StringBuilder sbForTransactions = new StringBuilder();
    List<Transaction> transactions = account.getTransactions();

    for (Transaction transaction : transactions) {
        sbForTransactions.append(transaction);
        sbForTransactions.append(System.getProperty("line.separator"));
    }

    FileWriter fw = new FileWriter(BankUi.DATA_DIR + account.getAccountNo(), false);
    BufferedWriter bw = new BufferedWriter(fw);
    bw.write(sbForTransactions.toString());
    bw.close();
}

FileWriter fw = null;
BufferedWriter bw = null;
fw = new FileWriter(DATA_DIR + BankUi.ACCOUNT_FILE, false);
bw = new BufferedWriter(fw);
bw.write(sbForAccounts.toString());
bw.close();		

Saving to the database is described in the JDBC chapter.

BankUi.java
package net.java_school.bank;

import java.io.BufferedReader;
import java.io.BufferedWriter;
import java.io.File;
import java.io.FileInputStream;
import java.io.FileNotFoundException;
import java.io.FileOutputStream;
import java.io.FileReader;
import java.io.FileWriter;
import java.io.IOException;
import java.io.InputStreamReader;
import java.io.ObjectInputStream;
import java.io.ObjectOutputStream;
import java.util.ArrayList;
import java.util.List;
import java.util.StringTokenizer;

public class BankUi {

	static final String ACCOUNT_FILE = "accounts.txt";
	static final String DATA_DIR = "./data/";
	
	private Bank bank = new ShinhanBank();
/*	
	public BankUi() throws Exception {
		loadBank();
	}
*/	
	private String readCommandLine() throws IOException {
		InputStreamReader isr = new InputStreamReader(System.in);
		BufferedReader br = new BufferedReader(isr);
		String input = br.readLine();
		return input;
	}
	
	public void startWork() {
			
		String menu = null;
		
			do {
				System.out.println(" ** Menu ** ");
				System.out.println(" 1 ** Bank account registration    ");
				System.out.println(" 2 ** List of bank accounts    ");
				System.out.println(" 3 ** Deposit    ");
				System.out.println(" 4 ** Withdrawal    ");
				System.out.println(" 5 ** Transfer    ");
				System.out.println(" 6 ** Transaction history    ");
				System.out.println(" q ** Exit    ");
				System.out.println(" ********************** ");
				System.out.print(">>");
				
				try {
					menu = readCommandLine();
				
					String accountNo = null;
					String name = null;
					String kind = null;
					long amount = 0;
					
					if (menu.equals("1")) {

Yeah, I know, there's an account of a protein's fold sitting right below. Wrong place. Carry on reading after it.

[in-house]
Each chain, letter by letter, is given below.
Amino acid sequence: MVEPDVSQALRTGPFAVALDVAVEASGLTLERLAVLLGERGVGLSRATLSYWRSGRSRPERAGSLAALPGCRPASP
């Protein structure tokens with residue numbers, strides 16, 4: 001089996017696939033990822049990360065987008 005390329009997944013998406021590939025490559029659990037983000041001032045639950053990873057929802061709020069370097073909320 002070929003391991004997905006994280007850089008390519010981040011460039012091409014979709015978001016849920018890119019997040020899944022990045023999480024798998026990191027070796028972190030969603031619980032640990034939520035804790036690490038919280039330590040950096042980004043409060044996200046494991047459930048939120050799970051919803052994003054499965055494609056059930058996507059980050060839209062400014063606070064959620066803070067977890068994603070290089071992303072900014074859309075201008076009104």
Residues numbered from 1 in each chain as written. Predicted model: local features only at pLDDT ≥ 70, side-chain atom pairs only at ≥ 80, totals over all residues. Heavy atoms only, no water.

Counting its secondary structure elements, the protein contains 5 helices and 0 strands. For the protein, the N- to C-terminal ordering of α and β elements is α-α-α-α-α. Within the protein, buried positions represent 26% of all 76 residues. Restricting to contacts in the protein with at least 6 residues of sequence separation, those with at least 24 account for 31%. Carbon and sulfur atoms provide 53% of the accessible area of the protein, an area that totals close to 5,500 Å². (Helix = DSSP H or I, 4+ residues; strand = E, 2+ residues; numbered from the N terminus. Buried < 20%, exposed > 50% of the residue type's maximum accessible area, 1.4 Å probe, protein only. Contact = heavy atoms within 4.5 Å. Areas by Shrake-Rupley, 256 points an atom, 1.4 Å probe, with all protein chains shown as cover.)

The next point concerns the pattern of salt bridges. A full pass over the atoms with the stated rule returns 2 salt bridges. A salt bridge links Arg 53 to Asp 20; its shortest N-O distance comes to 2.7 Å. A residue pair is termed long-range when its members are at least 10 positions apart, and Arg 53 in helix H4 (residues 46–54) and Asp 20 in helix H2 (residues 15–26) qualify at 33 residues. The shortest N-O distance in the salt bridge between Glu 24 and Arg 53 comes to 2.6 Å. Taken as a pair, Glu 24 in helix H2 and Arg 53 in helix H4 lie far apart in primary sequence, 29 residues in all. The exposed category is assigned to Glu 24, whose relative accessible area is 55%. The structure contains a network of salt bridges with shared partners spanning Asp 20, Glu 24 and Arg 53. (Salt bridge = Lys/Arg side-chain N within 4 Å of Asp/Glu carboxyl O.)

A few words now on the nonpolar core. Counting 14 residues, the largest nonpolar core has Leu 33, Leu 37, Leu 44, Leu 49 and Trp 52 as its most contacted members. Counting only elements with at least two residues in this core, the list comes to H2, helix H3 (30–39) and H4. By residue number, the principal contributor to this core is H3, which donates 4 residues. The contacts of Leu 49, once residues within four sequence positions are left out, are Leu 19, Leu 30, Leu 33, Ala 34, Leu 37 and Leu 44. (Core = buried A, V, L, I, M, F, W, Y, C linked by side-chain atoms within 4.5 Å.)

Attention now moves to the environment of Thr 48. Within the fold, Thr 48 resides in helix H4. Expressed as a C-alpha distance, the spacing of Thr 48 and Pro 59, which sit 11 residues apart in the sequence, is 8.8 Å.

//TODO Bank account registration
						System.out.print("Please enter the number of the account to be created: ");
						accountNo = this.readCommandLine();
						System.out.print("Please enter the owner name of the account to be created: ");
						name = this.readCommandLine();
						System.out.print("Please select the account type to be created. Normal(n), Minus(m):  Normal(n): : ");
						kind = this.readCommandLine();
						if (kind.equals("") || kind.equals("n") || kind.equals("m")) {
							if (kind.equals("")) {
								kind = Account.NORMAL;
							} else if (kind.equals("n")) {
								kind = Account.NORMAL;
							} else {
								kind = Account.MINUS;
							}
							bank.addAccount(accountNo, name, kind);
						}
						
					} else if (menu.equals("2")) {
						//TODO List of bank accounts
						List<Account> accounts = bank.getAccounts();
						for (Account account : accounts) {
							System.out.println(account);
						}
					} else if (menu.equals("3")) {
						//TODO Deposit
						System.out.print("Please enter your account number: ");
						accountNo = this.readCommandLine();
						System.out.print("Please enter deposit amount: ");
						amount = Integer.parseInt(this.readCommandLine());
						Account account = bank.getAccount(accountNo);
						account.deposit(amount);
					} else if (menu.equals("4")) {
						//TODO Withdrawal
						System.out.print("Please enter your account number: ");
						accountNo = this.readCommandLine();
						System.out.print("Please enter deposit amount: ");
						amount = Integer.parseInt(this.readCommandLine());
						Account account = bank.getAccount(accountNo);
						account.withdraw(amount);
					} else if (menu.equals("5")) {
						//TODO Transfer
						System.out.print("Please enter your account number: ");
						String from = this.readCommandLine();
						System.out.print("Please enter the account number you wish to transfer: ");